Evan Agostini / AP
Between 2014 and 2015, Uber secretly tagged iPhones even after users uninstalled its app as a fraud detection tactic and hid this from Apple engineers, according to a report by the New York Times. The practice, known as "fingerprinting," is not allowed in that form under Apple's rules and earned CEO Travis Kalanick a meeting with Apple's CEO, who was understandably not happy and threatened to kick the ride-hailing company out of the App Store.
Uber trend: Allegations of breaking, ignoring, or bending rules are nothing new for Uber, which has used aggressive tactics to fight off regulations and competitors alike. Until recently, for example, Uber used secret software to evade local law enforcement, and built a way to track drivers who work for its main U.S. competitor, Lyft, to target them with incentives to remain loyal.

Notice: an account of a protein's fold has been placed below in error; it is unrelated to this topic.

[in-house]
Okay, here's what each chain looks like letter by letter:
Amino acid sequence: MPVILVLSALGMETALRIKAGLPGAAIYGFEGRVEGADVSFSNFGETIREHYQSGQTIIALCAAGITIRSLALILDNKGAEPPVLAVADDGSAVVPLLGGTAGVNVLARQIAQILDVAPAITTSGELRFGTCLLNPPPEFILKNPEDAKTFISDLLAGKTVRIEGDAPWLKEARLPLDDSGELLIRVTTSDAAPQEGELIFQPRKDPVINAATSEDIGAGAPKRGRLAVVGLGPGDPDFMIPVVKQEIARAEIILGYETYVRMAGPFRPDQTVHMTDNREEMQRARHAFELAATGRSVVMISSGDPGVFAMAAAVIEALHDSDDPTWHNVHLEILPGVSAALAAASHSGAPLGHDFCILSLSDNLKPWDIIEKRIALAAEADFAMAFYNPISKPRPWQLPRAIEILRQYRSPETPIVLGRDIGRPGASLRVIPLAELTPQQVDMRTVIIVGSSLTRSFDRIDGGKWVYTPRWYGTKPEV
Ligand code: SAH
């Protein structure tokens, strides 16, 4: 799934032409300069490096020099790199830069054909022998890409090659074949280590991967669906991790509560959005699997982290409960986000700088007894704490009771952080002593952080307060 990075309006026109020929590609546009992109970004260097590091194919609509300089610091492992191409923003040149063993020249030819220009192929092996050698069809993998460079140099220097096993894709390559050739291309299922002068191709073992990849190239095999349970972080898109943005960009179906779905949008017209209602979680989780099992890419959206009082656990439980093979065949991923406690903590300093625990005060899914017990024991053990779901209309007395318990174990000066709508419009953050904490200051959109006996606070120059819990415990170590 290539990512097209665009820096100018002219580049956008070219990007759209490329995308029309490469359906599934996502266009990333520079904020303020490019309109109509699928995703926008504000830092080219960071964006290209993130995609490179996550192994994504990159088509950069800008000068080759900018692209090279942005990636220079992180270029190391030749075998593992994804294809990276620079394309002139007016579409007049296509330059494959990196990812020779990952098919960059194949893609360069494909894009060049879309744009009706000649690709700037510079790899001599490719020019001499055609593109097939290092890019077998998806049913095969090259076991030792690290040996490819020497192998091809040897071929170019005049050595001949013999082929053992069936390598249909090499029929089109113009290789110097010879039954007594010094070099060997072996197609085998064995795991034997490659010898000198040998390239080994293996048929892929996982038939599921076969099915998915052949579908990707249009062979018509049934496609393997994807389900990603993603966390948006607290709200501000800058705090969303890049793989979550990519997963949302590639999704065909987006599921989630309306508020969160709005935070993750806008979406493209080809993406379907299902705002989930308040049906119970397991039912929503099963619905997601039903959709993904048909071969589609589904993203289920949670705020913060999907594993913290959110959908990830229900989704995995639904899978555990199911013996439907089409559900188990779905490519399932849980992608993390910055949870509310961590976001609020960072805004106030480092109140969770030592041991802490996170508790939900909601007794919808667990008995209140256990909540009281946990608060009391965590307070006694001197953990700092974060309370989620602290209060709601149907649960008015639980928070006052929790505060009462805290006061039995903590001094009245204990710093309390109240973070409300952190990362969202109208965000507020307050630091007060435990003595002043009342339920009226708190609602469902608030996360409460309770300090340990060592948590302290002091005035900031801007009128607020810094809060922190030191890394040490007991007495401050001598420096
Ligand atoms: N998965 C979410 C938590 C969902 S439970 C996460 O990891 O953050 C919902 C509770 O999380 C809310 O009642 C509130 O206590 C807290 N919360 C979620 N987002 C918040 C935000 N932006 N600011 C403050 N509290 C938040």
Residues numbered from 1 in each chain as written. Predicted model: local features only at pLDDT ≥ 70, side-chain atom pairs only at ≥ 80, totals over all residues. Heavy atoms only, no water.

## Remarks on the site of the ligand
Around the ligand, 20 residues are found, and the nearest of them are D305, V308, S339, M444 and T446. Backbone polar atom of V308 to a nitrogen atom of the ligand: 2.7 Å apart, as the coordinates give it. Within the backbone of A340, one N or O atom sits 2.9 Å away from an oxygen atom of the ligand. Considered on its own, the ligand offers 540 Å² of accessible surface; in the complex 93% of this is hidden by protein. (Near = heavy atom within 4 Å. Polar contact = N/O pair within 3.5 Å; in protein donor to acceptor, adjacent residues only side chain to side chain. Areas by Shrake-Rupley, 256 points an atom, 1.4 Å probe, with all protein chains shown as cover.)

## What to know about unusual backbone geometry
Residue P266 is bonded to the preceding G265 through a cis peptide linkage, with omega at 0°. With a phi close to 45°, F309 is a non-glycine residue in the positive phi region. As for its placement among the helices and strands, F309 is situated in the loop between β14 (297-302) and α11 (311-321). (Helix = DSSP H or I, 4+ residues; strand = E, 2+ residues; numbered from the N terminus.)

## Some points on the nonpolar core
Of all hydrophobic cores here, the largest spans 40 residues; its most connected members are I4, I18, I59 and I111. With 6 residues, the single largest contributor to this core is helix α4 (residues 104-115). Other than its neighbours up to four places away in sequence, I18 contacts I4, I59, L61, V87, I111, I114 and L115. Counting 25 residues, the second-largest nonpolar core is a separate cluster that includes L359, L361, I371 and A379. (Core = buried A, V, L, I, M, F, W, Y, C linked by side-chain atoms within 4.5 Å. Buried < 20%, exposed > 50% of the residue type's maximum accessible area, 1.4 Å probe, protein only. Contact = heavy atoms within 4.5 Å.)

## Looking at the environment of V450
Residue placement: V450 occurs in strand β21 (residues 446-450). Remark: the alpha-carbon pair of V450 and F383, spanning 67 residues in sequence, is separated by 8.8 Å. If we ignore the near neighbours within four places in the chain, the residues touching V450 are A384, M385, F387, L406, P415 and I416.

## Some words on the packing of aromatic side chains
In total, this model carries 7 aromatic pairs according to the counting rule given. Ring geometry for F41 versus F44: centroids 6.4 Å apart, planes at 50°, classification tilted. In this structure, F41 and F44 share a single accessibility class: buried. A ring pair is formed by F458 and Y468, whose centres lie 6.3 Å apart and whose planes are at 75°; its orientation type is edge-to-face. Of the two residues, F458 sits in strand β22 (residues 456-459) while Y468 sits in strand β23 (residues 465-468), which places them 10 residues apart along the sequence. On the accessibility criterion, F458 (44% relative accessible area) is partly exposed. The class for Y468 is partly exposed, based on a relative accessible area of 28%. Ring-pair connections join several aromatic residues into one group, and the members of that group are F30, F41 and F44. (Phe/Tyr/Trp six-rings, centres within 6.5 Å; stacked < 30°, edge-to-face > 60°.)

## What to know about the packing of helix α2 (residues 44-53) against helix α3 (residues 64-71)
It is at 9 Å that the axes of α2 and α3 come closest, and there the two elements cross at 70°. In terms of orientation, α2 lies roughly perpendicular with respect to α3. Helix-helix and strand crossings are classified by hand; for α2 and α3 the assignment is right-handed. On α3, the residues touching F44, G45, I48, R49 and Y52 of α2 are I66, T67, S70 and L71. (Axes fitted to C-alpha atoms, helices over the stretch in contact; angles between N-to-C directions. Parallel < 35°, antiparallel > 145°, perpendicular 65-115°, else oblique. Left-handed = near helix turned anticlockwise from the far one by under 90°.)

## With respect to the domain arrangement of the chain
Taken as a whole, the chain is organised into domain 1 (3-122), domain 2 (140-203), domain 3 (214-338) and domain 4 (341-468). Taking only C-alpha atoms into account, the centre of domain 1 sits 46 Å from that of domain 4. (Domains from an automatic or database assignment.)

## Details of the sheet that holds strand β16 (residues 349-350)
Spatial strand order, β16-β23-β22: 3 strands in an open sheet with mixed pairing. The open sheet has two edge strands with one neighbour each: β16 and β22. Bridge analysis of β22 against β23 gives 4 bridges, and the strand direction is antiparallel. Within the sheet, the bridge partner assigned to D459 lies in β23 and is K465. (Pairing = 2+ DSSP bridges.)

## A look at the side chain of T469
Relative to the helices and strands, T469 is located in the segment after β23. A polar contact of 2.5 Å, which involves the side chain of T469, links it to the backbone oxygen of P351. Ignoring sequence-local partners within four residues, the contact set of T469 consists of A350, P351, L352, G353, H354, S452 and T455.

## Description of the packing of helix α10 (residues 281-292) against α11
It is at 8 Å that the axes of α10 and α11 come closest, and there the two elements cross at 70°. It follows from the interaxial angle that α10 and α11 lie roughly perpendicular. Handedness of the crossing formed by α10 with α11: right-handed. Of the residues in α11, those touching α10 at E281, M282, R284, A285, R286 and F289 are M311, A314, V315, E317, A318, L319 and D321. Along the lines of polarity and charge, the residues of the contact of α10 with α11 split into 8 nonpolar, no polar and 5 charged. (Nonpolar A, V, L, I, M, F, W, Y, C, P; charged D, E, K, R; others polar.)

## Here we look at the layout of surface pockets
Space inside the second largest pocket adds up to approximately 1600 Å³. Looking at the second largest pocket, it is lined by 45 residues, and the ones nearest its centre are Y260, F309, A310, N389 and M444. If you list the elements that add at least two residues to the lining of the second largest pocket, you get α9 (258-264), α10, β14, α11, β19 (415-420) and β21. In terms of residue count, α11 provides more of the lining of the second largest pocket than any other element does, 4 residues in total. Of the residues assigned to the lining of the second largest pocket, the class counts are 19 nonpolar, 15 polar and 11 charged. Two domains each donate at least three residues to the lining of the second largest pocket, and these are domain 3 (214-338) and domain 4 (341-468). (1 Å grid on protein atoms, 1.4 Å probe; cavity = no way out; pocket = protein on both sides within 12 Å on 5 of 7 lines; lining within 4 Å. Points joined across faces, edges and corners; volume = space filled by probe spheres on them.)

"Devices fingerprints are a common technique used across the industry for a variety of security purposes, including fraud detection," an Uber spokesperson told Axios. "It's also the method through which service providers can authenticate a 'trusted device' on your account."
Uber still uses fingerprinting but has modified it to comply with Apple's rules, according to the spokesperson.